The down payment is the percentage of your home’s purchase price that is paid upfront by you at closing.
Whether you’re getting your loan from a bank or a non-bank mortgage company, lenders will look at this down payment amount as your equity investment in the home, and that amount (%) plays a vital role in determining not only how much you’ll need to borrower, but also:
- Which type of loan is best suited to you – a Fixed Rate Mortgage or an Adjustable Rate Mortgage.
- Whether your lender will require you to pay for private mortgage insurance (often referred to as “PMI”). This typically happens if you put down less than 20% of the home’s purchase price.
- Your interest rate. Because your down payment represents your investment in the home, your lender will often offer you a lower rate if you can make a higher down payment.
So, do you absolutely need to have 20% to buy a home? No.
There is a lot of confusion about the minimum down payment needed to buy a home. As a Millennial homebuyer, you should know that there options available to you to purchase a home with less than 20% down payment.
Additionally, you should be aware of the potential consequences of having a down payment lower than 20%, and we’ll spell that out below:
Private mortgage insurance (PMI)
For conventional financing, if your down payment is lower than 20%, your “loan-to-value ratio” will be higher than 80%. In that case, your lender may require you to pay private mortgage insurance, because they are lending you more money to purchase the home and increasing their potential risk of loss if the loan should go into default.
With PMI, a homebuyer can put down less than 20% of a home’s purchase price and still qualify for a conventional mortgage loan. But a homebuyer will have to make larger monthly mortgage payments (since they’ll have to pay PMI).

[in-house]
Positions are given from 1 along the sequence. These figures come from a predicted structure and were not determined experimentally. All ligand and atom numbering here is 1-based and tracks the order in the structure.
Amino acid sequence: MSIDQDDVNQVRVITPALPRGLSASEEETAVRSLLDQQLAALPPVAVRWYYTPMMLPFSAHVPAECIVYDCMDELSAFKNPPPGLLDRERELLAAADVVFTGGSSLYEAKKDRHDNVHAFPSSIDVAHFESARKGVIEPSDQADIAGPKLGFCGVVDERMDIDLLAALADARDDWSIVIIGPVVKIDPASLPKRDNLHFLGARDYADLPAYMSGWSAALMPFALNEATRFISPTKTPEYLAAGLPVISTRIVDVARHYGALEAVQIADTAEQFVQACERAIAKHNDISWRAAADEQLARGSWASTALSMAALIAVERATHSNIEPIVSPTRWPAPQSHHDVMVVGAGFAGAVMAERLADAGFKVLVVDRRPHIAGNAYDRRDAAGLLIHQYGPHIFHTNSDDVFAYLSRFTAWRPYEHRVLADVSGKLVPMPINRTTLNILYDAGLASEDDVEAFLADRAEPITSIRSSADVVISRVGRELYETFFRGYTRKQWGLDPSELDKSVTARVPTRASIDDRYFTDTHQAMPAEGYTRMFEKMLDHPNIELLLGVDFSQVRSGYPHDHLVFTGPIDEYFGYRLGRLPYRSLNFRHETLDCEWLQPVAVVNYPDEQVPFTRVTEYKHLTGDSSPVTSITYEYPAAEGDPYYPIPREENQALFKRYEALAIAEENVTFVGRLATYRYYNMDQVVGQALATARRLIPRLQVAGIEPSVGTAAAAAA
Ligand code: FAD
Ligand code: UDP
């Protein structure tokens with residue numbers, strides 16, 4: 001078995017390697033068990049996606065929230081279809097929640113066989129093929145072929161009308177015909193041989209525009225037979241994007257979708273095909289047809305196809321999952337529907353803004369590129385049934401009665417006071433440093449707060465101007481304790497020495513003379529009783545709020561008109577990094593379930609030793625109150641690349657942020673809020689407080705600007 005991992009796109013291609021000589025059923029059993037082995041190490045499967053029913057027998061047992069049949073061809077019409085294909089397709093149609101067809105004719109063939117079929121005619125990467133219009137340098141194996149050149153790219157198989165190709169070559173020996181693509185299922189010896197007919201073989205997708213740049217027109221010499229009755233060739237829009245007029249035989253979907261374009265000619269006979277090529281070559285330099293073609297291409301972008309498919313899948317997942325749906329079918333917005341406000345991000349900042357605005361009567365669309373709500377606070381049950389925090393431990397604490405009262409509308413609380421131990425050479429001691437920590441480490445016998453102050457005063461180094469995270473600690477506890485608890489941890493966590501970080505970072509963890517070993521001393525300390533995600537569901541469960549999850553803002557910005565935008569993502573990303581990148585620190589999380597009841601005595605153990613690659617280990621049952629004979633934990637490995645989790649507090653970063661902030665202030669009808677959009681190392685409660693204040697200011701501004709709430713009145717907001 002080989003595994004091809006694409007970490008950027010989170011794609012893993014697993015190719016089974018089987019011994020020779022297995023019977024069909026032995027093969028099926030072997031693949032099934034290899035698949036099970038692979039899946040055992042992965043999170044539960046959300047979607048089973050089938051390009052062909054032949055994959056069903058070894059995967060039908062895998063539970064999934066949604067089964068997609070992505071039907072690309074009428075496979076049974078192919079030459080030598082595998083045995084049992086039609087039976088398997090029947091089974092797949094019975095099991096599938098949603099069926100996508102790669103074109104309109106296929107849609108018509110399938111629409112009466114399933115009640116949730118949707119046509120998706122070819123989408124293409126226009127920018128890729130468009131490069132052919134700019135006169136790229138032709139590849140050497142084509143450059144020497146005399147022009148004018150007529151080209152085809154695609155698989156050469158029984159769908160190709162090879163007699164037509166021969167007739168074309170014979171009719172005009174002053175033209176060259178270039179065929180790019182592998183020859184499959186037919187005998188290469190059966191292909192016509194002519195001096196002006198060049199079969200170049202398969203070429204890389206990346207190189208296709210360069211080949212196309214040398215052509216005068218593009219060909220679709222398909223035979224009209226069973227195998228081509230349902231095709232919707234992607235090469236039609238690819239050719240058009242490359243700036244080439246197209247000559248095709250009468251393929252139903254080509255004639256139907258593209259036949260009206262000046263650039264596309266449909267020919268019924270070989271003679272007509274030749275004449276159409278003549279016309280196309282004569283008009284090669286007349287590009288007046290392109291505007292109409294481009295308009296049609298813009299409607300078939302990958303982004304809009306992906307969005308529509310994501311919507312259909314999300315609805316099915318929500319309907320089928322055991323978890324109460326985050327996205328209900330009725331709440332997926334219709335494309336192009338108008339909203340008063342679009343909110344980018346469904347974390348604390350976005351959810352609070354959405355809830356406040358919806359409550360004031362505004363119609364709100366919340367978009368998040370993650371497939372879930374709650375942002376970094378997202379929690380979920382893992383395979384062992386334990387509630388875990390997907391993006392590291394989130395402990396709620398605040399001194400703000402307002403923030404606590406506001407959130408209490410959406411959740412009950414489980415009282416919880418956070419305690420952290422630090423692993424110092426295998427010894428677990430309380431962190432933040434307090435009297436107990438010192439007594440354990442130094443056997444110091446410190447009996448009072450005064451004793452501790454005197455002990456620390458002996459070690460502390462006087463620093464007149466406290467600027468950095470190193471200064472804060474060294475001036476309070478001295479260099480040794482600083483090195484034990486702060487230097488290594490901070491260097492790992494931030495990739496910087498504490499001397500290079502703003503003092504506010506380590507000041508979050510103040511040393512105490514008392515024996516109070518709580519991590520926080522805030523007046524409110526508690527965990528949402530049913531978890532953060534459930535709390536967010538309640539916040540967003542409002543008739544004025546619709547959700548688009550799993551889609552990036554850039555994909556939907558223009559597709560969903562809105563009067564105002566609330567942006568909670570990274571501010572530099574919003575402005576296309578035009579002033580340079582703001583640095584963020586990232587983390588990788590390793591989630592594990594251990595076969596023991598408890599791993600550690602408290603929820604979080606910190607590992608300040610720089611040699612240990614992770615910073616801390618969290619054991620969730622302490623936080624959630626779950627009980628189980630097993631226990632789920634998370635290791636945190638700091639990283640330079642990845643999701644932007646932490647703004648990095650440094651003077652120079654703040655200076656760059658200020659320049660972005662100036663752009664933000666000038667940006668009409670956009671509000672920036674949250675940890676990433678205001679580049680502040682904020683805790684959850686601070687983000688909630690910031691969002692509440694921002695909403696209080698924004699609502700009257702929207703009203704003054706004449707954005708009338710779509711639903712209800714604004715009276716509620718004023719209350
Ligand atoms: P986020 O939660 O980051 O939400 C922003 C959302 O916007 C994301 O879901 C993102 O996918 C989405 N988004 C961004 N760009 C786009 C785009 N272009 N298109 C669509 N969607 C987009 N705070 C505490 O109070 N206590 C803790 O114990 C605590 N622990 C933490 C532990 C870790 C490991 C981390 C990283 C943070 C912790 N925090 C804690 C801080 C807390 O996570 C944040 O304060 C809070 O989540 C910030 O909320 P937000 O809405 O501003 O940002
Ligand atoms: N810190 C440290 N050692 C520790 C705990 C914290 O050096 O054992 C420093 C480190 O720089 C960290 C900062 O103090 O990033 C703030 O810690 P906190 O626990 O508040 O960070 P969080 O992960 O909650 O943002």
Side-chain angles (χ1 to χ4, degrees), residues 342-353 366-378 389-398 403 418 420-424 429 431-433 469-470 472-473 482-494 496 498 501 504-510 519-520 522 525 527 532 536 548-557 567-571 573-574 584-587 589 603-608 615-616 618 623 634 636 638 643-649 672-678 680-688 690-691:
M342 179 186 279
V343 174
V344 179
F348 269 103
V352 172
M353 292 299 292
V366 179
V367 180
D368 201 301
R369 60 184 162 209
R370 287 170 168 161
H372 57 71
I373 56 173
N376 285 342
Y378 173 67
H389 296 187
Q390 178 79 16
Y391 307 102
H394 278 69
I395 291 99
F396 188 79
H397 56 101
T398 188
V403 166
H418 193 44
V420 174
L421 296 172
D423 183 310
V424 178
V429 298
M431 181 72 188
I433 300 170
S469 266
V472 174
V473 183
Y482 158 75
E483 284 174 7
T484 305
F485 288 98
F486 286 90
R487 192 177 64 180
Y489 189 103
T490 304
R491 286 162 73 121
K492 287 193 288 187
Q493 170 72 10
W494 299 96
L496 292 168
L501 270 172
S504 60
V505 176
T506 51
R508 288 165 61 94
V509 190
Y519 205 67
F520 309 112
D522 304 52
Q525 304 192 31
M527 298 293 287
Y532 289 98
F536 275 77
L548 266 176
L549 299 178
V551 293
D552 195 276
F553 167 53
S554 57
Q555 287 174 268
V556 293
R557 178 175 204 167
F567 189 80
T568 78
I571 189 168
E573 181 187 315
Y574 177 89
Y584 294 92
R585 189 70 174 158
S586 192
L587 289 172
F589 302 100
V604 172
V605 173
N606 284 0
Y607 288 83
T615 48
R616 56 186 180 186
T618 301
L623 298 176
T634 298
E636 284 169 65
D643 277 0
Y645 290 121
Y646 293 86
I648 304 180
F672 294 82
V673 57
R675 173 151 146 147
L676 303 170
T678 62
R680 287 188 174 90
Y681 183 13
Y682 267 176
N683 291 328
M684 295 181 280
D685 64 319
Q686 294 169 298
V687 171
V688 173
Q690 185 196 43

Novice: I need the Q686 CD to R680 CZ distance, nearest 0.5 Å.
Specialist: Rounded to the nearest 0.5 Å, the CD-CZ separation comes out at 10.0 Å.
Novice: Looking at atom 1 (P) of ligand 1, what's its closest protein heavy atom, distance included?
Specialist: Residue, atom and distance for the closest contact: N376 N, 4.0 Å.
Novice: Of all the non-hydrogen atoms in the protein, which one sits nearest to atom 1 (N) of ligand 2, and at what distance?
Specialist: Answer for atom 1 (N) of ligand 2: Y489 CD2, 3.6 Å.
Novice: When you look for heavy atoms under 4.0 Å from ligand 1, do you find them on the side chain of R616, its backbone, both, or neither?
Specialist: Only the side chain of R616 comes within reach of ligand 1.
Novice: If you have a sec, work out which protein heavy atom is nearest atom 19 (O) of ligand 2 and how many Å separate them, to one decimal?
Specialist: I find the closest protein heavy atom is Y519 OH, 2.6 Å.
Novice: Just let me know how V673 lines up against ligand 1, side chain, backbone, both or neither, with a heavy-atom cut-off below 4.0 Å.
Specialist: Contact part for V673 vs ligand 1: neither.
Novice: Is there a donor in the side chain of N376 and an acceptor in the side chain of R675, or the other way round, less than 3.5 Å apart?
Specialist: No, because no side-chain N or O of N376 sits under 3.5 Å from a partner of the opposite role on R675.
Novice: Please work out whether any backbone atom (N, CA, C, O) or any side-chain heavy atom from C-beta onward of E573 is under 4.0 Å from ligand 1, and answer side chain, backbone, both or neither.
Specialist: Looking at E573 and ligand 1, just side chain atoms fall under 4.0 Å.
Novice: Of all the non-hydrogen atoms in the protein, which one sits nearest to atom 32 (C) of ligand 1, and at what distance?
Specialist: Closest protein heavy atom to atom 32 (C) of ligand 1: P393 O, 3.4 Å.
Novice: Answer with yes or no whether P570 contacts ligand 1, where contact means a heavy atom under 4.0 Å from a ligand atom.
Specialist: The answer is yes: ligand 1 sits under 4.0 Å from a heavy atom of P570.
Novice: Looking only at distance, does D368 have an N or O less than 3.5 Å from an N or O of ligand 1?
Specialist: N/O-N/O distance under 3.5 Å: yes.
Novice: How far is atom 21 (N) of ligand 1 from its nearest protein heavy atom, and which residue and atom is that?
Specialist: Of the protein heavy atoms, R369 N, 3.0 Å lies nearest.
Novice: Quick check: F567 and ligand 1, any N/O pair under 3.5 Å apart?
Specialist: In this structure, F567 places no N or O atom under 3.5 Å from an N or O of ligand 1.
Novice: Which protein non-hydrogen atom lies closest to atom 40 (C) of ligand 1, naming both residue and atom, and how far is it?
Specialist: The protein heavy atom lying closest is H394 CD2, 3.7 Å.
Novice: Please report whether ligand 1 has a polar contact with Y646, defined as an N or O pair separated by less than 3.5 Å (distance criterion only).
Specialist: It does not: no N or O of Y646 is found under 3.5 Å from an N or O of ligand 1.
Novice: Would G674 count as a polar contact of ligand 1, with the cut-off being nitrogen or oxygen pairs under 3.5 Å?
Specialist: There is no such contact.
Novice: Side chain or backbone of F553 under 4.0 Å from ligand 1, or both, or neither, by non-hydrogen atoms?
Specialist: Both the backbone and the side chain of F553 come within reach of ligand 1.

As a prospective homebuyer, it is essential that you think about your lender’s requirements and what a higher or a lower down payment will mean for your monthly cashflow and your ability to repay the loan. Ultimately, you have to determine if it is worth it to pay PMI each month in order to receive the other benefits of homeownership vs. saving for a larger down payment of 20% or more and avoiding PMI, even if that means waiting longer to buy a home?
Programs That Allow for Less Than 20% Down
Freddie Mac has long allowed for 5 percent down, and their Home Possible AdvantageSM mortgage is available to qualified borrowers with as little as 3 percent down, which can even be raised by a gift from a family member or employer or a grant from a government agency.
Fannie Mae announced in 2015 the “Home Ready” Buyer program, under which qualifying first-time homebuyers can have down payments as low as 3%. Both first-time or repeat home buyers are eligible. In late 2015, this program replaced Fannie Mae’s ‘MyCommunityMortgage’ program.
To receive the 3% rebate, homebuyers must complete an online homebuyer education course. Fannie Mae said that it is partnering with Framework, a nonprofit created by the Housing Partnership Network and the Minnesota Homeownership Center, to create the homebuyer education course, which is 100% online.As a prospective homebuyer, it is essential that you think about your lender’s requirements and what a higher or a lower down payment will mean for your monthly cashflow and your ability to repay the loan. Ultimately, you have to… Click To Tweet
Down Payment Assistance Programs
Down Payment Assistance Programs can be run by your direct lender, a non-profit organization, or local and state housing authorities where you live. As a NeighborWorks Housing Survey showed: “70% of U.S. Adults are unaware of down payment assistance programs available for homebuyers,” and that’s why our STEM Lending Blog is helping to make you aware. These programs are an important tool you may be able to leverage towards homeownership, provided you qualify.
The three main types of down payment assistance are grants, second mortgage loans, and tax credits.
Grants – Grants are funds that you do not have to pay back as long as you own and occupy your home for a certain period of time.
Second mortgage loans – The most common down payment source, many second mortgage loans offered by state and local governments have low or zero interest rates, and the payments are deferred over a specified time span and, in many cases, the loan is completely forgiven over time.
Tax credits – Certain states and local governments, including housing finance agencies, issue mortgage credit certificates, which reduce the amount of federal income tax you pay. This makes more money available upfront for your down payment or closing costs.
The U.S. Department of Housing and Urban Development (HUD) provides grants to state and local organizations through the HOME Investment Partnerships Program and the Community Development Block Grant Program.
To find the programs in your state, go to HUD’s on-line listing.